Simulation-based training programmes that focus on crew resource management (CRM) criteria have been found to effectively improve non-technical interprofessional teamwork skills, including communication, leadership, assertiveness and situational awareness. The Hospital Authority in Hong Kong has run crew resource management as a risk reduction programme since 2009. This study, published in the Hong Kong Medical Journal evaluated the simulation team-based CRM training programme conducted by the Multidisciplinary Simulation and Skills Centre (MDSSC) at Queen Elizabeth Hospital in Hong Kong.
The specialty-based training programme was made up of an introductory lecture, games and scenarios. The scenarios were customised for each specialty and based on input from that department in relation to training needs. In addition to ED and ICU staff, the training programme was conducted with staff from Obstetrics and Gynaecology, Anaesthetics and Operating Theatre Services. The scenario sessions included CRM principles
|Closed-loop decision making
||Recognising events around us
Two scenarios were conducted, followed by a debriefing session. Each scenario was performed by a group of four to five health care frontline staff. At the debriefing session the trainer led a discussion about team strengths and areas for improvement. Participants could reflect their experience related to CRM skills and clinical knowledge in the scenarios.
See Also: Moving from “Learning by Doing” to Simulation
ResultsThe evaluation was completed by 319 participants at the end of the training programme. The mean satisfaction rating on a scale of 1 to 10 for overall level of teamwork and collaboration, the current level of communication between physicians and nurses, and patient safety on their unit was 6.5, 6.2, and 7.1, respectively. Barriers to achieving excellent communication and teamwork included:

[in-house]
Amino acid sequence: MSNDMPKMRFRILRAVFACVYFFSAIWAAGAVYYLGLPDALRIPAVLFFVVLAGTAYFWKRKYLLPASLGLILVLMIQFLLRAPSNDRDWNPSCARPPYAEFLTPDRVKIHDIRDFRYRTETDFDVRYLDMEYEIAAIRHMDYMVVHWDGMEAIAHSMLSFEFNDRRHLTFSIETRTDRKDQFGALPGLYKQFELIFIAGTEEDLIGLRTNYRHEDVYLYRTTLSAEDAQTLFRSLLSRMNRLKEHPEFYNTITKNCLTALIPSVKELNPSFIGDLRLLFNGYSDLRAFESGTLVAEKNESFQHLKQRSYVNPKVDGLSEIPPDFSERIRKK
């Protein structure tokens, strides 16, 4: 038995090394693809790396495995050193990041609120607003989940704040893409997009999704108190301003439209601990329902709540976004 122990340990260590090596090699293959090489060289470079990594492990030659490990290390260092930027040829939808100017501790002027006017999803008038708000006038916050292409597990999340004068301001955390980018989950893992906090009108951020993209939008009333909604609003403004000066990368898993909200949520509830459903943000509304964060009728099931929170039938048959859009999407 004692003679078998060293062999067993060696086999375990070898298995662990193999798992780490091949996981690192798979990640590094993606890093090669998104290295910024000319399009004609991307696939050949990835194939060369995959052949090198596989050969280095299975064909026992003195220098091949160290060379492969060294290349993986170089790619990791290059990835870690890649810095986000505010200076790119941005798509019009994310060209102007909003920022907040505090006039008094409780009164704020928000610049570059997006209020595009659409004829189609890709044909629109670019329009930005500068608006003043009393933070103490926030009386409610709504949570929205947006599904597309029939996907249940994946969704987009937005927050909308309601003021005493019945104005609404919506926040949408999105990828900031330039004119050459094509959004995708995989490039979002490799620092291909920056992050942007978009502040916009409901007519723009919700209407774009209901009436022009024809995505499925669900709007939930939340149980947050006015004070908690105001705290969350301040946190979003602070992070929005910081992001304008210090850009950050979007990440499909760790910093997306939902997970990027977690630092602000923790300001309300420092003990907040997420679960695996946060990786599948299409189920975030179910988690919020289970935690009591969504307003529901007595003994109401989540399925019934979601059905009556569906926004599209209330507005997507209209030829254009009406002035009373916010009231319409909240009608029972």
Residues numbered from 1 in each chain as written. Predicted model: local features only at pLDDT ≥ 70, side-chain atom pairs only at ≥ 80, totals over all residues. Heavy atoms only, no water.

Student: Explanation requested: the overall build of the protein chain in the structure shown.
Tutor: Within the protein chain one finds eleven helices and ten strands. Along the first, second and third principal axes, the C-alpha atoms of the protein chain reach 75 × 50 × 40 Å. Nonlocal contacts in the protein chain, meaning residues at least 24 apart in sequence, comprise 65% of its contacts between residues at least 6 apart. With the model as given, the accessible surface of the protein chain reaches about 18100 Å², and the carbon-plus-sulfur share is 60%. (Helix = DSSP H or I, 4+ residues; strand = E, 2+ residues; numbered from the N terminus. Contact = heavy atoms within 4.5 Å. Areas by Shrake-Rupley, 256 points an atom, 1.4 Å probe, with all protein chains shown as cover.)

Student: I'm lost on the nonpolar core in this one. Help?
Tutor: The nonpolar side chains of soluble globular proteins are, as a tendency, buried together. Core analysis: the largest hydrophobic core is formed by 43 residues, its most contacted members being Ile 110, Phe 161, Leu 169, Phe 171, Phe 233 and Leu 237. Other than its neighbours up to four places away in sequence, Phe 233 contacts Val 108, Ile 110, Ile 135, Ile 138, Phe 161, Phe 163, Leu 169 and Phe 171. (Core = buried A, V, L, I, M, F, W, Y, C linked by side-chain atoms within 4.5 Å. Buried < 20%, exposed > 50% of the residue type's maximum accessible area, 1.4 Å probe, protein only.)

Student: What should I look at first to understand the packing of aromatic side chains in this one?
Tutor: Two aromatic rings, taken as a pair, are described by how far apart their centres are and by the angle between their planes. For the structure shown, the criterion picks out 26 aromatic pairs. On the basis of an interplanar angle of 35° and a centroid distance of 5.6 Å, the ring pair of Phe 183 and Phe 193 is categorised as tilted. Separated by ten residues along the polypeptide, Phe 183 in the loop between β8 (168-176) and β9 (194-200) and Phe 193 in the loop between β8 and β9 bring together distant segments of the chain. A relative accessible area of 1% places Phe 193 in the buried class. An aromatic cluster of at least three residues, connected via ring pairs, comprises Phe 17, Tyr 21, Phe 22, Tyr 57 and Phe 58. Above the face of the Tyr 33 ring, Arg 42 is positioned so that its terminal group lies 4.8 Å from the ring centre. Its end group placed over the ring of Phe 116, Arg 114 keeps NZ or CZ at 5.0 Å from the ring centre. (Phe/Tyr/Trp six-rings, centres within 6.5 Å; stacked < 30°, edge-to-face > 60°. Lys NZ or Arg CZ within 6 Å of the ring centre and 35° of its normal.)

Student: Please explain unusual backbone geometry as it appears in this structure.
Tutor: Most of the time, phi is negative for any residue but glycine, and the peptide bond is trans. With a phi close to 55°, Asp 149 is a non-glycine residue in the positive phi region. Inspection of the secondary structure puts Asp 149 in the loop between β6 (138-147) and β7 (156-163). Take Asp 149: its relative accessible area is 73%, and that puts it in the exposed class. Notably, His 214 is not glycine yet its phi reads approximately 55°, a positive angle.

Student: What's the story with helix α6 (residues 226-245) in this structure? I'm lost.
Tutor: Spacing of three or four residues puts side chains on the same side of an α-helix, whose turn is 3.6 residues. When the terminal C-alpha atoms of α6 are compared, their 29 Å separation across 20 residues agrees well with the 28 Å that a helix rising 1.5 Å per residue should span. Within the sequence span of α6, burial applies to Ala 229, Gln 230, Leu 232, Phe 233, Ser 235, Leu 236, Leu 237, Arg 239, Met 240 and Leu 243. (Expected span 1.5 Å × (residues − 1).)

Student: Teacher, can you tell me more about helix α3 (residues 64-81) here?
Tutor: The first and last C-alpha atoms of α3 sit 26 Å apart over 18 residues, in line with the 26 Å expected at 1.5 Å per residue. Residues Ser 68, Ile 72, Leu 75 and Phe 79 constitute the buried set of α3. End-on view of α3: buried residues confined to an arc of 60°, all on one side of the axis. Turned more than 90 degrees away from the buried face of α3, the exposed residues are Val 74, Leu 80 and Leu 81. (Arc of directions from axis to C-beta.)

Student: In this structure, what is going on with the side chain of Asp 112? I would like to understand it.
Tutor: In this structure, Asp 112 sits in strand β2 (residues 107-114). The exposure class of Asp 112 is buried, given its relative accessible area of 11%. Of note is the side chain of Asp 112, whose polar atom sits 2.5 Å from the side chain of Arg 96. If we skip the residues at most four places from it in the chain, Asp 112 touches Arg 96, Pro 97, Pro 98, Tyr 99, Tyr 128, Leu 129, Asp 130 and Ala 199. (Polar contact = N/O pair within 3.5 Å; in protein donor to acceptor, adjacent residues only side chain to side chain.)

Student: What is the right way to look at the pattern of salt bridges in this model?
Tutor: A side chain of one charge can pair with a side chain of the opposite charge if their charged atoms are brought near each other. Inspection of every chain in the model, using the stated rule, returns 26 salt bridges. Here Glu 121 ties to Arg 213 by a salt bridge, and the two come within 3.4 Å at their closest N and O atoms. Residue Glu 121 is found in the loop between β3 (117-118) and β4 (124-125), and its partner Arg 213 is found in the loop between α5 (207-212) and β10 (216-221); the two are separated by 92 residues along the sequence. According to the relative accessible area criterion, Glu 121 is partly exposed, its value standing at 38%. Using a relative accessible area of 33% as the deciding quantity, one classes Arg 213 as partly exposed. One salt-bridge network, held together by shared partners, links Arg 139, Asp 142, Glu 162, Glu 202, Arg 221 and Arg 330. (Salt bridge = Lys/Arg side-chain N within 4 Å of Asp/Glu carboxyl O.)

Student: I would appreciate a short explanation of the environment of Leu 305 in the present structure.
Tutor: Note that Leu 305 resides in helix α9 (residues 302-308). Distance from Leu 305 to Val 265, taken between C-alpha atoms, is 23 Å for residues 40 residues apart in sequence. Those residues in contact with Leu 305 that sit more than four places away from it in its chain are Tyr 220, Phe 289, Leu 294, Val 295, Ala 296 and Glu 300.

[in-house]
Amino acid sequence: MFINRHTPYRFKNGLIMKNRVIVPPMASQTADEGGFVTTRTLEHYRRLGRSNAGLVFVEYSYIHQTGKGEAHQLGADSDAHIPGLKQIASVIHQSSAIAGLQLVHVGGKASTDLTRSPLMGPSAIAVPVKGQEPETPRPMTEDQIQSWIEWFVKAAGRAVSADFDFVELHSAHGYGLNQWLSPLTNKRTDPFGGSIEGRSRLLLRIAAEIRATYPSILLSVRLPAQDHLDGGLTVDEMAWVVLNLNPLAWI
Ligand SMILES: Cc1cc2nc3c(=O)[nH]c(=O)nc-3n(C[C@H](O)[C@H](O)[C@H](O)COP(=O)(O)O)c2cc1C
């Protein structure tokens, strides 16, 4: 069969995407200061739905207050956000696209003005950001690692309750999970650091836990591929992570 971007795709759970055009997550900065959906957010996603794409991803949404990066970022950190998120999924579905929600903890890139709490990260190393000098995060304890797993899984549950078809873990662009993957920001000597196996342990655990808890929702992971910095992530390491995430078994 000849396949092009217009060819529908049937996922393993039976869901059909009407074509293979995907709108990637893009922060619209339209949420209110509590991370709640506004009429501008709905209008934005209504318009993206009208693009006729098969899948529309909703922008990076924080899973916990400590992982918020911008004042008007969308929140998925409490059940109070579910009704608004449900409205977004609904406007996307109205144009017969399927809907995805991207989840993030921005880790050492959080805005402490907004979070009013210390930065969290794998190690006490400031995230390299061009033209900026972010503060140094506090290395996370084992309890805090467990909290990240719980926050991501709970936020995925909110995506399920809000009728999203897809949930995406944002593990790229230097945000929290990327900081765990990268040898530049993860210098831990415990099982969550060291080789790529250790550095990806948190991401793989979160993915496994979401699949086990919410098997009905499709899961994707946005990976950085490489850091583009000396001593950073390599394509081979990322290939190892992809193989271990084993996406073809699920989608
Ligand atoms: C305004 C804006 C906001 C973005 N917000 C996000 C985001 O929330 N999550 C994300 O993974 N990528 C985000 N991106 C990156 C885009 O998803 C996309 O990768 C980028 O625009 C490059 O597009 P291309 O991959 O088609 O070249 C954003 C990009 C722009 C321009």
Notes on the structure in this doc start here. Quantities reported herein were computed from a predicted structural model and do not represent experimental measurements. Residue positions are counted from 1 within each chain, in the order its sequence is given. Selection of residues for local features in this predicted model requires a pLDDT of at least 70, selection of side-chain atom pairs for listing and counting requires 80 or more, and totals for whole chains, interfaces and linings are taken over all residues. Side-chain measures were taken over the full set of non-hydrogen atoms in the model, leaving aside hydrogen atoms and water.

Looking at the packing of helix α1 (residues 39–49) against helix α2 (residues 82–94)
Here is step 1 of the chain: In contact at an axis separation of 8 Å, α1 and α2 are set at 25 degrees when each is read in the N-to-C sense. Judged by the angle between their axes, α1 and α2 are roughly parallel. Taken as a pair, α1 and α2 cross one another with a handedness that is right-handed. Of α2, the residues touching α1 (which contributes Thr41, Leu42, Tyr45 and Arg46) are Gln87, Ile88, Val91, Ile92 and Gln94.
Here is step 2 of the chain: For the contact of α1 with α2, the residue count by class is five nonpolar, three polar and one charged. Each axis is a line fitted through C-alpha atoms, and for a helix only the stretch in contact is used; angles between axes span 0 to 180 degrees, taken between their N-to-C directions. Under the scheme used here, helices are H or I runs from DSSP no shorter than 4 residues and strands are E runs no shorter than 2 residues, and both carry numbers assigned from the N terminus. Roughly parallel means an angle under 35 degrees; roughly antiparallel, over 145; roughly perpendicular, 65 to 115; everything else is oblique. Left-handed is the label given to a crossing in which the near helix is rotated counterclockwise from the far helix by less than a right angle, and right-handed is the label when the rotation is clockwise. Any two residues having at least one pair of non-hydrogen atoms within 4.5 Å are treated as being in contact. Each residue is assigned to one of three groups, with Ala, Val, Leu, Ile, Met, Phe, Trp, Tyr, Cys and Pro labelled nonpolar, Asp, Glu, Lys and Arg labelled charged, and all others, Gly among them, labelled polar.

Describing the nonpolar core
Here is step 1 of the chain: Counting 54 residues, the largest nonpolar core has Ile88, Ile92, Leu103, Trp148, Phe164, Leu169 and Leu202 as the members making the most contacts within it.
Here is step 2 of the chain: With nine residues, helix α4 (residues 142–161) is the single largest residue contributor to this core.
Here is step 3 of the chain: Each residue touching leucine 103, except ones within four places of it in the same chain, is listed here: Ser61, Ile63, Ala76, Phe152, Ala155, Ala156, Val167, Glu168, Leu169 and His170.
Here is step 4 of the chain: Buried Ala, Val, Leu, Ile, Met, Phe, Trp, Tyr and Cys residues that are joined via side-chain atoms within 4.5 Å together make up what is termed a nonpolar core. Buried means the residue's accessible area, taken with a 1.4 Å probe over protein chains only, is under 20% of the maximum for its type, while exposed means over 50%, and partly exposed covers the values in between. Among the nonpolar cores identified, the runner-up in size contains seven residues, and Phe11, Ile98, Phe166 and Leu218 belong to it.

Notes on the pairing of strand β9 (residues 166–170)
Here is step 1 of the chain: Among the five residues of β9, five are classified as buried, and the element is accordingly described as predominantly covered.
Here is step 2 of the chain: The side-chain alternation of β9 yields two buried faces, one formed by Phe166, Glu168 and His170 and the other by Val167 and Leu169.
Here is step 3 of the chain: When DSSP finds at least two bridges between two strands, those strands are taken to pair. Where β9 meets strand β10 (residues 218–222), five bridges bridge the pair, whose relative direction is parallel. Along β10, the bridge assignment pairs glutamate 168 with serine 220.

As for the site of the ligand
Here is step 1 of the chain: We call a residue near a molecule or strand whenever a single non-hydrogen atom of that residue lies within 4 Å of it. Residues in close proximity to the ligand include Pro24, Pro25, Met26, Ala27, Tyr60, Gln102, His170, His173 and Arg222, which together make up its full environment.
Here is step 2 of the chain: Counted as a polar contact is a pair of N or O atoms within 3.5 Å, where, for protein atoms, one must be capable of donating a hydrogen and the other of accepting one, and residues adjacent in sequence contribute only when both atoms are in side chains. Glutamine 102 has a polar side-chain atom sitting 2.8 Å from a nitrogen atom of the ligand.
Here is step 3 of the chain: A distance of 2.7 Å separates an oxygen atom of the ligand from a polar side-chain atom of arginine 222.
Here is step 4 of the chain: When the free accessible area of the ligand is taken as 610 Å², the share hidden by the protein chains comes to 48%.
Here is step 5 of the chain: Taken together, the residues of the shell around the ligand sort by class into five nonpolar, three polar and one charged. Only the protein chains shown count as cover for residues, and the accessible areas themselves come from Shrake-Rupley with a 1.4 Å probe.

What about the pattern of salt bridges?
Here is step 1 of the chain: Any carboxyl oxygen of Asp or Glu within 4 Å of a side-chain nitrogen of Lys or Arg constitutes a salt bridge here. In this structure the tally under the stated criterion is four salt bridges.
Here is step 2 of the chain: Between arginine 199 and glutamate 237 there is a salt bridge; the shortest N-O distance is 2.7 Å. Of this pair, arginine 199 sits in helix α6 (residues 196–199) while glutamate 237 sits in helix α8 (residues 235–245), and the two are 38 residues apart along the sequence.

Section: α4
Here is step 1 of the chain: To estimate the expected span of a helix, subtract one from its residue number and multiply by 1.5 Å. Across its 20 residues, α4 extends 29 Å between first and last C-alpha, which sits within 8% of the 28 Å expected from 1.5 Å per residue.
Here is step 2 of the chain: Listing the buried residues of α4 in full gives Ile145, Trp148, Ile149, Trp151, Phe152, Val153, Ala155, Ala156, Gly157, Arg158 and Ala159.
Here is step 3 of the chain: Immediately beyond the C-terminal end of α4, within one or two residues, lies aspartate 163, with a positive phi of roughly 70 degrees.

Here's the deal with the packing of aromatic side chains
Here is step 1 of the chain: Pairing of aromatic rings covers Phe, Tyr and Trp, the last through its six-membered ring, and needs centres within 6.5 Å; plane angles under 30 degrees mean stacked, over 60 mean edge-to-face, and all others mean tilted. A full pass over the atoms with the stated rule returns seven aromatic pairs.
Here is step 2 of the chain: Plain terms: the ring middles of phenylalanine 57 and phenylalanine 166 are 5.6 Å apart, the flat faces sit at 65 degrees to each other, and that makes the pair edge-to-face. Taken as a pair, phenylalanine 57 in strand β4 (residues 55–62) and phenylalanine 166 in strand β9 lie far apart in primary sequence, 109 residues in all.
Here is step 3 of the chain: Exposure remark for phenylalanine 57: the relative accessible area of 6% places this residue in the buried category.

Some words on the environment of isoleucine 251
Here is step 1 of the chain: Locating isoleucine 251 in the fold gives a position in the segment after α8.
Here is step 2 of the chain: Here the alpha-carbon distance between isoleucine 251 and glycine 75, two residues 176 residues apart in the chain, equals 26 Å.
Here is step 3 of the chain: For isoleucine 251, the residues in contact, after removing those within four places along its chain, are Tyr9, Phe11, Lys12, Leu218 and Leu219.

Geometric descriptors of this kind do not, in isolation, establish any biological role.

- different types of personality among colleagues (n=92, 29%)
- too many things to attend to
- at the same time (n=85, 27%)
- a culture that prevented an individual from speaking out (n=73, 23%)
- lack of a standard communication format (n=39, 12%), and
- fear of being wrong (n=30, 9%)
- The obstacles and challenges that prevented them from focusing on patient safety included: inadequate manpower (n=85, 27%)
- heavy workload (n=80, 25%)
- time pressure (n=77, 24%)
- poor team communication (n=51, 16%), and
- insufficient equipment (n=26, 8%)
The top 5 areas mentioned by staff wanting further training were:
- handling a difficult patient (n=118, 37%)
- handover of critical cases (n=85, 27%)
- briefing and debriefing (n=48, 15%)
- collapse in the operating theatre/ward (n=42, 13%), and
- difficult airway (n=26, 8%)
Good leadership and decision making was considered by 86 (27%) of staff to be the top priority in patient care, followed by good clinical skill and knowledge (n=78, 24%), good team communication (n=69, 22%), more manpower (n=57, 18%), and better clinical environment (n=29, 9%) [Fig 2].
The authors conclude that the advantages of a simulation approach compared to a didactic teaching approach are to motivate participants to learn about teamwork skills and alter their behaviour thus reducing the risk of adverse events. “This type of training will help health care professionals incorporate the CRM principles into their daily practice”, they conclude.
Source: Hong Kong Medical Journal
Image credit: Multidisciplinary Simulation and Skills Centre, Queen Elizabeth Hospital